We need to hook onto the hook init, which WordPress has decided is a good “checkpoint” for registering menu locations. Inside our function we call register_nav_menu() which accepts a miniumum of two parameters; the menu handle which is an unique slug which you will use as an identifier when rendering the menu, and the visible name of the menu that appears in admin panel. Note that I wrapped the name inside __() in order to make it translatable, as we learned in the previous step.

If you refresh your admin panel, you should now see a new submenu item under “Appearance”; “Menus”. Congrats, your theme now supports creation of menus!

If you are not familiar with making and administrating menus in WordPress, this is a good guide for you.

Create a new menu in “Appearance > Menus” – it can contain whatever you want, I just added the dummy posts I had created in my WordPress.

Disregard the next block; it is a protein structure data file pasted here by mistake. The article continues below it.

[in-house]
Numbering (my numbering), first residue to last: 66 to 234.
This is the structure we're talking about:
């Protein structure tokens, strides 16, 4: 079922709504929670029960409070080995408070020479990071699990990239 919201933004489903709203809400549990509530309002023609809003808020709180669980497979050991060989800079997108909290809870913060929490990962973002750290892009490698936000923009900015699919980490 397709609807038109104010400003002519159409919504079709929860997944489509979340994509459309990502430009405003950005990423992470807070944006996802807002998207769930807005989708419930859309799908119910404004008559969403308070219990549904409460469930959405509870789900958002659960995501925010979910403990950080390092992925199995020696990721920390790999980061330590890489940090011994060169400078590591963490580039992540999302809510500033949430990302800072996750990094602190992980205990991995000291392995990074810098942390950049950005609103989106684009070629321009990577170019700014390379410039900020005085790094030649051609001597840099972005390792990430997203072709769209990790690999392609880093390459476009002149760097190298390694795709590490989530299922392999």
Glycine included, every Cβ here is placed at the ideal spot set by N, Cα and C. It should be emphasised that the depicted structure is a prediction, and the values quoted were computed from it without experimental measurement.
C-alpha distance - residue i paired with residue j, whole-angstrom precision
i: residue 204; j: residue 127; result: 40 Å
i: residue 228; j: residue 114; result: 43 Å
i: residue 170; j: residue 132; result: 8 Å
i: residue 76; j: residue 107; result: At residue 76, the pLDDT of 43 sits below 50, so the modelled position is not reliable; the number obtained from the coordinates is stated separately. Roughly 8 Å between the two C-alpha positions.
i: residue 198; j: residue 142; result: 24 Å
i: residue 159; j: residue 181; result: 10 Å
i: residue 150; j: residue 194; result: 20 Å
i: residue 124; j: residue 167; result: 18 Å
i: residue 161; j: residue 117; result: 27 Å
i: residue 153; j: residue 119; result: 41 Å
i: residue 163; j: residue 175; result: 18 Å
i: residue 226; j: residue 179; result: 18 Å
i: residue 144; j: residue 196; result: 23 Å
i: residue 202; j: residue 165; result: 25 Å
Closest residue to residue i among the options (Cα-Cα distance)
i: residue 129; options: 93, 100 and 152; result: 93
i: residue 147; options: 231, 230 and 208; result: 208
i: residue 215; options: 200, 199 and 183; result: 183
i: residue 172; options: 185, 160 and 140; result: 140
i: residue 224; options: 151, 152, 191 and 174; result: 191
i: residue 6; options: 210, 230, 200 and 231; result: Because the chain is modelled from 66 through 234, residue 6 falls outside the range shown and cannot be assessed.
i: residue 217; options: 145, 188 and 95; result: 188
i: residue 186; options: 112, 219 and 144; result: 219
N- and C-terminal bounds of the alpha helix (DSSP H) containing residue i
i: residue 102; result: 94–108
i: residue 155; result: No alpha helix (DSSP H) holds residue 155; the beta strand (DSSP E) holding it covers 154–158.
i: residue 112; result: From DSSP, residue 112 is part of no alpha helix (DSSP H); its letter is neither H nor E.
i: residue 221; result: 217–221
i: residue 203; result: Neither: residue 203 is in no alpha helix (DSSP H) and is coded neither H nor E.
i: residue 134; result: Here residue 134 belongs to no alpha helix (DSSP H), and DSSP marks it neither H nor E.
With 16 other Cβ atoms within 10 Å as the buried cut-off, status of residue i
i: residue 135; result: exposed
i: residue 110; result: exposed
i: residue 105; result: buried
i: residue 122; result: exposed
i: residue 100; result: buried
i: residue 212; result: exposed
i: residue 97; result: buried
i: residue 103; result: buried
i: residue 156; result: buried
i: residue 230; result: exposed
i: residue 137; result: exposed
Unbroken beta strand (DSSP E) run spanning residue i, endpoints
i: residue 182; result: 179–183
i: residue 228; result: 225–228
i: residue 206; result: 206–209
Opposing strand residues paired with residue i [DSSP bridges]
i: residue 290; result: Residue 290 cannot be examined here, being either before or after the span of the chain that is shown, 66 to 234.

After you save your first menu, a new section called “Menu Settings” will appear below your menu edit area, which allows you to choose a location for this menu. It should list one available location, which is the one we made; “Main Navigation”.

Place a check in “Main Navigation” and hit Save. Now your newly created menu is connected to the location and will be displayed automatically wherever you add the code to output this menu location. Let’s do that now.

Outputting a menu location in a template